Today's Paper Time Tour Sports Obits Tablet Help Podcasts Public Notices Puzzles Contact us Jobs Crime HER Classifieds Newsletters

A new day in Britain delivers a king

OPINION by Bob Wisener | September 10, 2022 at 4:00 a.m.
A man looks at framed portraits of Queen Elizabeth II in a shop window near Windsor Castle in Windsor, England, Friday, Sept. 9, 2022. Queen Elizabeth II, Britain's longest-reigning monarch and a rock of stability across much of a turbulent century, died Thursday after 70 years on the throne. She was 96. (AP Photo/Frank Augstein)

What crossed your mind first with news that Queen Elizabeth II, at 96, had shuffled off this mortal coil, to quote Shakespeare from "Hamlet"?

Among the first things, I guess, was that after all these years of apprenticeship, a king would command the British throne. Even so, just as "O.J. on the loose" was an improper choice for headline writers in June 1994 after a low-speed chase by Los Angeles police of a white Bronco, "Charles in Charge" seems a little tacky now.

I thought of Dame Helen Mirren, who received the 2006 Best Actress Oscar for her portrayal of the monarch. The queen's conduct in the wake of Princess Diana's death was dredged up again, casting the monarch in less than favorable light.

Oaklawn racing fans might remember that the queen dined with jockey Calvin Borel after his first of three Kentucky Derby victories in 2007. Jerry Hissam, Borel's agent, broke the news and said he wouldn't be attending that white-tie affair in the White House. Someone had to stay home and book Calvin's mounts, you see.

And who could forget the queen's comment after a particularly odious year in royal affairs that England had just experienced "annus horribilis."

Elizabeth served from February 1952, upon the death of father George VI, totaling 70 years. She outlived husband Prince Philip by 17 months, the Duke of Edinburgh dying two months short of his centenary. Together they had four children: Charles, Prince of Wales; Andrew, Duke of York; Anne, Princess Royal, and Edward, Earl of Wessex. She was preceded in death also by the Queen Mother, who lived to 101, and a sister, Margaret, Countess of Snowdon.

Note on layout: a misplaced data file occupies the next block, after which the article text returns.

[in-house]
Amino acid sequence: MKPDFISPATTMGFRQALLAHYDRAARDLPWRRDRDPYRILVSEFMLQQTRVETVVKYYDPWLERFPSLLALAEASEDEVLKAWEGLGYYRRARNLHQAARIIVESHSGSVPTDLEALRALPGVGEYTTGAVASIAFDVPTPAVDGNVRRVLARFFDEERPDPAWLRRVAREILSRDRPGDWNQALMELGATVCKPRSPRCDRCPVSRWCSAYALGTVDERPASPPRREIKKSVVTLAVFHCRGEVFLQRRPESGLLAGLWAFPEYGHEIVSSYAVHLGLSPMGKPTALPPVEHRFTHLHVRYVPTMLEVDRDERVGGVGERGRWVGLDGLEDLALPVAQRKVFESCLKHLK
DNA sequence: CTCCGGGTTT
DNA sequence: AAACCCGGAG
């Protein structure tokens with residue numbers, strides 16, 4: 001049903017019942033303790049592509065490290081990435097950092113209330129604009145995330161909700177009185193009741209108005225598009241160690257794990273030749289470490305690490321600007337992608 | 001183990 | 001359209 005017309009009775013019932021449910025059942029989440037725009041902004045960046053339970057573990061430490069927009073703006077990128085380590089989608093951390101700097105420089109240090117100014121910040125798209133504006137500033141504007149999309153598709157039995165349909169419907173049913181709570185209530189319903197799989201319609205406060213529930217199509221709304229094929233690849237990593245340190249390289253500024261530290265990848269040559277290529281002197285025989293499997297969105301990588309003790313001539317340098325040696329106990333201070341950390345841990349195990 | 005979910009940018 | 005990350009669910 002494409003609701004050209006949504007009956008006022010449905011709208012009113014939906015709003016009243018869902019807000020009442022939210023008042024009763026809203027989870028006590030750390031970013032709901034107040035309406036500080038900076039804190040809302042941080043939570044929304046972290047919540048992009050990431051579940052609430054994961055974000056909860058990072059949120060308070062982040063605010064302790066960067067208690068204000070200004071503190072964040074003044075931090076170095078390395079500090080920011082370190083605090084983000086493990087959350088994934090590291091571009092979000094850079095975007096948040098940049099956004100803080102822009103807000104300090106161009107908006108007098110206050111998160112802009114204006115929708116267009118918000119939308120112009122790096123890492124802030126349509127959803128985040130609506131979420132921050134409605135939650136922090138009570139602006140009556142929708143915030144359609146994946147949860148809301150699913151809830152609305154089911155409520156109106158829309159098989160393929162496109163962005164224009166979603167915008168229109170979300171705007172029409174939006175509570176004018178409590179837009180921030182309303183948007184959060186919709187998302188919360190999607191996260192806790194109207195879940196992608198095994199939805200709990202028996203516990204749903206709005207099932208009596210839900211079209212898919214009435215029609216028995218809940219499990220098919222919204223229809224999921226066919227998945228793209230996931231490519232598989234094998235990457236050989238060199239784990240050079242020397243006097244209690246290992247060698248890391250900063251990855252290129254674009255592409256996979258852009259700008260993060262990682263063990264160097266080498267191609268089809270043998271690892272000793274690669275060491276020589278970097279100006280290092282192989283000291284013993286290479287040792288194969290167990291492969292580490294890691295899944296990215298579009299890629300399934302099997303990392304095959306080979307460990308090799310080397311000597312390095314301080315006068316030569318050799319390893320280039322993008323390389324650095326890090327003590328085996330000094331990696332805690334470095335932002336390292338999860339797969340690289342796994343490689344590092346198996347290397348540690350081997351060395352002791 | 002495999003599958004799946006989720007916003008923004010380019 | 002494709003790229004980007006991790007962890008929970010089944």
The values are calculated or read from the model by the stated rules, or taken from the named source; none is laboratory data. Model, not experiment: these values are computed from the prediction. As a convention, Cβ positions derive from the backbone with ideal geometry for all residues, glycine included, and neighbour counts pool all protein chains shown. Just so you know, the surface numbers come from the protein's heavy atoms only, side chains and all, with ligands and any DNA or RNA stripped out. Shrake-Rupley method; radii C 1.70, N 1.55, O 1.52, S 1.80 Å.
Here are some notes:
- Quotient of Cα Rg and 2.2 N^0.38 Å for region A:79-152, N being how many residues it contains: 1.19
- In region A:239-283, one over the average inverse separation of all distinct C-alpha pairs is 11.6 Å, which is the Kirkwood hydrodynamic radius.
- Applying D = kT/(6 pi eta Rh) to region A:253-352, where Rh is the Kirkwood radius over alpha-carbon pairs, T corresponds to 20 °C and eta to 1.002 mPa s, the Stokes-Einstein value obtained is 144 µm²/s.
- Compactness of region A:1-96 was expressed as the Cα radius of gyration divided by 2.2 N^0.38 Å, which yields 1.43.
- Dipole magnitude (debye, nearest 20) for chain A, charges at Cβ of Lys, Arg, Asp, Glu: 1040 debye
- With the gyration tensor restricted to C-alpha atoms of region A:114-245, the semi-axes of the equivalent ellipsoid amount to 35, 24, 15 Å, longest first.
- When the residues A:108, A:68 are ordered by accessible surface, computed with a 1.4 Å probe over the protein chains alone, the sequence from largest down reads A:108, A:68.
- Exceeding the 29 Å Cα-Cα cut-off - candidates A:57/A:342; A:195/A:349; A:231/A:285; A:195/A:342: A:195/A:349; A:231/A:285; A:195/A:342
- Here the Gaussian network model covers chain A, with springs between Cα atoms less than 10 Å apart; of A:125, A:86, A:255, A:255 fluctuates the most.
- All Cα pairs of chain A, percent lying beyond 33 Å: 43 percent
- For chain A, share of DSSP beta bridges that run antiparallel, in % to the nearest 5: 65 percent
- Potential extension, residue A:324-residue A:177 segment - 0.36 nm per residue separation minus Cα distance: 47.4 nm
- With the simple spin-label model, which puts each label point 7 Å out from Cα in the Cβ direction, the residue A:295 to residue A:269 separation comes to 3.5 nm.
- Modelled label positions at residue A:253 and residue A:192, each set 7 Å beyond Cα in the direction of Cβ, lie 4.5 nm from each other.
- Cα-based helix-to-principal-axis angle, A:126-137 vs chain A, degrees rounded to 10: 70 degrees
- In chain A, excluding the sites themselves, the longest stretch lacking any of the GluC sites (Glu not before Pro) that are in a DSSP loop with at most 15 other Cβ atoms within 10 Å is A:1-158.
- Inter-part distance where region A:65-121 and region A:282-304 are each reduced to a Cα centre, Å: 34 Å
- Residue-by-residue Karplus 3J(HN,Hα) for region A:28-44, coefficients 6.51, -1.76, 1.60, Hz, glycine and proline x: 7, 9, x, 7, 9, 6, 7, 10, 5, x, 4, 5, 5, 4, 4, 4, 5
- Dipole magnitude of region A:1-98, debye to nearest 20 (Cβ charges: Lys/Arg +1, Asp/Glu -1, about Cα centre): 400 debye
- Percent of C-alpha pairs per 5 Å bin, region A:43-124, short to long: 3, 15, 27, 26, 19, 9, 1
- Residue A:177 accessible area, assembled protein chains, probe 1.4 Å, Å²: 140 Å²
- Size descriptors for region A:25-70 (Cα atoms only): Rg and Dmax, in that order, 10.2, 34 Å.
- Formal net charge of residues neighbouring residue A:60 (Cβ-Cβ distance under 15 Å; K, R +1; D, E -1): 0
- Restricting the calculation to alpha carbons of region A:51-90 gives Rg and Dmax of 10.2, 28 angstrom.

This is written for the benefit of those who do not devote much time to the English royal family or see any reason that one should.

The queen was not an elected official, like prime ministers Margaret Thatcher and Tony Blair. Winston Churchill, mighty figure that he was, served at the behest of others and was voted out of office, yet remains the one Brit, along with the queen, that many remember.

The royal family has come under attack in recent years, not altogether without reason. When personal lives spilled over into British tabloids, it became open season upon the queen and her court. Elizabeth's passing, while something many not expected to see -- amid hope she would see her 100th birthday -- did not carry the shock value of Princess Diana's passing in a Paris tunnel in 1997.

Will Sir Elton John, whose "Candle in the Wind," in honor of Marilyn Monroe, topped the charts upon rerelease after Diana's death, have something for this occasion?

No recounting of Elizabeth's life is complete without mention of Princess Margaret, the latter with no chance of wearing her sister's crown. Margaret, one reads, could be icy in public, though if the stories be accurate, she and Elizabeth lived in peaceful existence considering their different roles.

The British, at least until recent times, were recognized for keeping a stiff upper lip. In short, they abounded in pluck, representing in its usage as a noun "spirited and determined courage." With such a world view, the Queen Mother could stare down Hitler before World War II and the Commonwealth move on after Edward VIII's earlier abdication "to marry the woman I love."

One reason, I guess, that flaws and all, England has been in business, pretty much like we know it, since 1066, through a day when it was said the sun never set on the British Empire. This is a different day and, after this time, another British monarch reigns.

The former American colonies, who fought Britain for their independence, have been trying to get a handle on democracy going on 300 years. Read the headlines or flip on a TV to see how that's going.

As for England, the time has come for Charles to succeed his mother, the queen. In our time, he has become something other than QE2's son and Diana's husband. One hopes he learned something through that lengthy apprenticeship.

Print Headline: A new day in Britain delivers a king


Sponsor Content


Recommended for you